American Homeowners Association Membership  
American Homeowners Association



Springtime Window of Opportunity for A/C

Enjoy it while you can. Beads of sweat will soon replace the balmy breezes of spring. Better start thinking seriously about home cooling as a major priority. Homeowners and home buyers should know that window A/C units, properly installed, are a practical alternative to sizzling and sweltering.

Window air conditioners can be a low-cost answer, short of installing or replacing a central a/c system, for cooling the home on a room-to-room basis. You can choose which rooms you want to cool and adjust the level of cooling accordingly. But before you open your checkbook, make sure you're prepared to purchase the right unit and install it properly.

Energy Efficiency Rating. (EER) Look for the EER when you are comparing window air conditioners. The higher the EER posted on the equipment, the less electricity it will take to run it - which means you save money on utility bills. A rating of at least 9.0 or higher is currently considered a good EER for home air conditioners.

Cooling Capacity. All AC equipment is rated in BTUs (British Thermal Units). Consult with a knowledgeable sales person in selecting the right capacity for the size of the room(s) you plan to cool. The most scientific calculation is through a cooling load estimate that translates factors including square footage of windows and number of people using the rooms into a BTU rating.

Electrical. Consider your house wiring. A 220-volt circuit is necessary to run a 220-volt unit. Smaller, 110-volt units should be plugged into their own circuits with their own circuit breaker. Consult with a licensed electrician on installing new wiring or circuit breaker.

Installation. Don't try to set an Olympic record by trying to manhandle a large air conditioner. While smaller units are okay for a solo effort, it may require two to three people to install a larger unit in the window. Try to place the window or wall air conditioner where it will be shaded from afternoon sun by a tree or awning. That way it won't have to work as hard to provide cooling. The sash supports the weight of the unit. Heavier units can stress out vinyl windows over time, causing the sash to bow. Make sure the unit is supported in some other way, with struts attached to the window or exterior of the house. The air conditioner should be mounted so that it is slightly tilted toward the outside so that it'll drain condensed water onto the ground and not back into the window. Be sure to block any gaps around the equipment with weather stripping or sections of foam plastic.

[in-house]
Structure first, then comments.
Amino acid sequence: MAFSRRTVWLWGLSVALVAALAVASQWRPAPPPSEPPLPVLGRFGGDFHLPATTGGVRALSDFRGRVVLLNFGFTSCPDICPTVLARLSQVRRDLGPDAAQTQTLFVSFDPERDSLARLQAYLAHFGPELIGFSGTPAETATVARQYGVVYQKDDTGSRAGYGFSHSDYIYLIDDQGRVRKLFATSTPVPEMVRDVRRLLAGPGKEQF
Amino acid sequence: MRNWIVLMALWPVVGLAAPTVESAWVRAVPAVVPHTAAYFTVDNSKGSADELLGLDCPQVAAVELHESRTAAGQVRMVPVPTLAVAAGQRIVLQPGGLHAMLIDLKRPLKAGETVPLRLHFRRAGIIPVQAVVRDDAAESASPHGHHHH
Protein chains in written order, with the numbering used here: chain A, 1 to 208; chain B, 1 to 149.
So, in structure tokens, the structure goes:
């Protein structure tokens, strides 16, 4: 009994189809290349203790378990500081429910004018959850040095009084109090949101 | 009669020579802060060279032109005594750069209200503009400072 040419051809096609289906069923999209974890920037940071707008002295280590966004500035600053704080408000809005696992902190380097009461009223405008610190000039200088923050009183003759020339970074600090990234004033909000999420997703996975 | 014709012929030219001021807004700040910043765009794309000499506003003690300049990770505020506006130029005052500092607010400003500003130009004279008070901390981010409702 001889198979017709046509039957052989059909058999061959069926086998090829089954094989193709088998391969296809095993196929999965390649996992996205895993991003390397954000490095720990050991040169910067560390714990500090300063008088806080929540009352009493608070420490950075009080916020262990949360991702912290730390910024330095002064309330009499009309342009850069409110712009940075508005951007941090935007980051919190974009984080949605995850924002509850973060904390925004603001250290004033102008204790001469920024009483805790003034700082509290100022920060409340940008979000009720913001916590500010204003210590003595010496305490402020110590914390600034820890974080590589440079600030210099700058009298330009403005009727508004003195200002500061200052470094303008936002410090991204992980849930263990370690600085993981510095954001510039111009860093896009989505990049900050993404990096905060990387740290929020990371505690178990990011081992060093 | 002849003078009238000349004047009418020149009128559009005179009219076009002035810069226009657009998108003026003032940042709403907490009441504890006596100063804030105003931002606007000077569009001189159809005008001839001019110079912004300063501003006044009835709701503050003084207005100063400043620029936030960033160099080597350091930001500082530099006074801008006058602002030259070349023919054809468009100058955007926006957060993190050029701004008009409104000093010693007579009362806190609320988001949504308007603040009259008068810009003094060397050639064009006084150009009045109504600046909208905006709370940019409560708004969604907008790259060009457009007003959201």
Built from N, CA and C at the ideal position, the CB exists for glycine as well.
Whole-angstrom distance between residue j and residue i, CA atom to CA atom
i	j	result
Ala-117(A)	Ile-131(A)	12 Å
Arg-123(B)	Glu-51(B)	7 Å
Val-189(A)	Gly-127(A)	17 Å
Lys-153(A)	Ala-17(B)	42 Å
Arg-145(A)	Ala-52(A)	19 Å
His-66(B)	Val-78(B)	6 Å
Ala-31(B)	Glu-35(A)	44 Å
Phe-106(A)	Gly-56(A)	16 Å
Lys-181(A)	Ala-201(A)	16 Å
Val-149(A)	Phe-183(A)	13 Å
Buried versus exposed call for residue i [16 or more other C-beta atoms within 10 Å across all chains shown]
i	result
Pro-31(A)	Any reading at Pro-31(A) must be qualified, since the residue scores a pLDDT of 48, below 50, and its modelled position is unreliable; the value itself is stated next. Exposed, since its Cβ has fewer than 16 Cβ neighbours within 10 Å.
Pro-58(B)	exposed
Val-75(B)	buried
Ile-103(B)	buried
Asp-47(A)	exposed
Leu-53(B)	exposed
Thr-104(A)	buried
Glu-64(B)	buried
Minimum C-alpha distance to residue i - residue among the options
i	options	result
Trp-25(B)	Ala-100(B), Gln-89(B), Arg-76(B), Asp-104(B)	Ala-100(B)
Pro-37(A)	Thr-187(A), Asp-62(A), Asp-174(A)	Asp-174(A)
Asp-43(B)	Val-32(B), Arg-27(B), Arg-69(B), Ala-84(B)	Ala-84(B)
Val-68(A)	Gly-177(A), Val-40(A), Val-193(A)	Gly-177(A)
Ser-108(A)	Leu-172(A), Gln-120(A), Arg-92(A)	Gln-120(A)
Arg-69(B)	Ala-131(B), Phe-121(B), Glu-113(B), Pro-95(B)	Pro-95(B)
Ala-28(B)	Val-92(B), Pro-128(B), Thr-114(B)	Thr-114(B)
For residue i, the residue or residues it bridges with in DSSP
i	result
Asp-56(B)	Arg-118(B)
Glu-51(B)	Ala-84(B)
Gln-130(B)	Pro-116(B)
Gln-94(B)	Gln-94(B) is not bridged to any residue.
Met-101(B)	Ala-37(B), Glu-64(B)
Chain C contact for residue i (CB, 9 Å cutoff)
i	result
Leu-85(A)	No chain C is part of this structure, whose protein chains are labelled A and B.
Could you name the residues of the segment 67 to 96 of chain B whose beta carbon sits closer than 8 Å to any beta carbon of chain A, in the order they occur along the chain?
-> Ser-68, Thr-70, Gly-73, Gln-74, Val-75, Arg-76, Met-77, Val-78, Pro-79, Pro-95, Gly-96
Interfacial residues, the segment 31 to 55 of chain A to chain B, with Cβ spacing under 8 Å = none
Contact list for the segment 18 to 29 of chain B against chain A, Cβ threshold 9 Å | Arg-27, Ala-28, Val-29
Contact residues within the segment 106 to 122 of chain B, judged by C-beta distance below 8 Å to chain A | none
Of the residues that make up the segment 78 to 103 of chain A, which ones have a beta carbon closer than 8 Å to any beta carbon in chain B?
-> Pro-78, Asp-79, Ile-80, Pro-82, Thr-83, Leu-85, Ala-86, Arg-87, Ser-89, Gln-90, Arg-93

Through-the-Wall and Split Systems. This equipment is for those who don't like having their views blocked by a window air conditioner. Through-the-wall units are installed in the wall. They cost about the same to buy but more to install. A split system has the fan and cooling coil installed in an inside cabinet, with the condenser located outside where it won't cause as much racket. Split systems are quieter and have greater cooling capacity than window units.

Maintenance. Unplug the AC and take out its filter once a month for washing during hot weather use. Simple clips or tabs usually hold in the filter. Wash it in a mild soapy solution and let it dry. While you've got the filter out, vacuuming or brush out around the evaporator coils. Be sure you have the AC unplugged during any of the cleaning activities.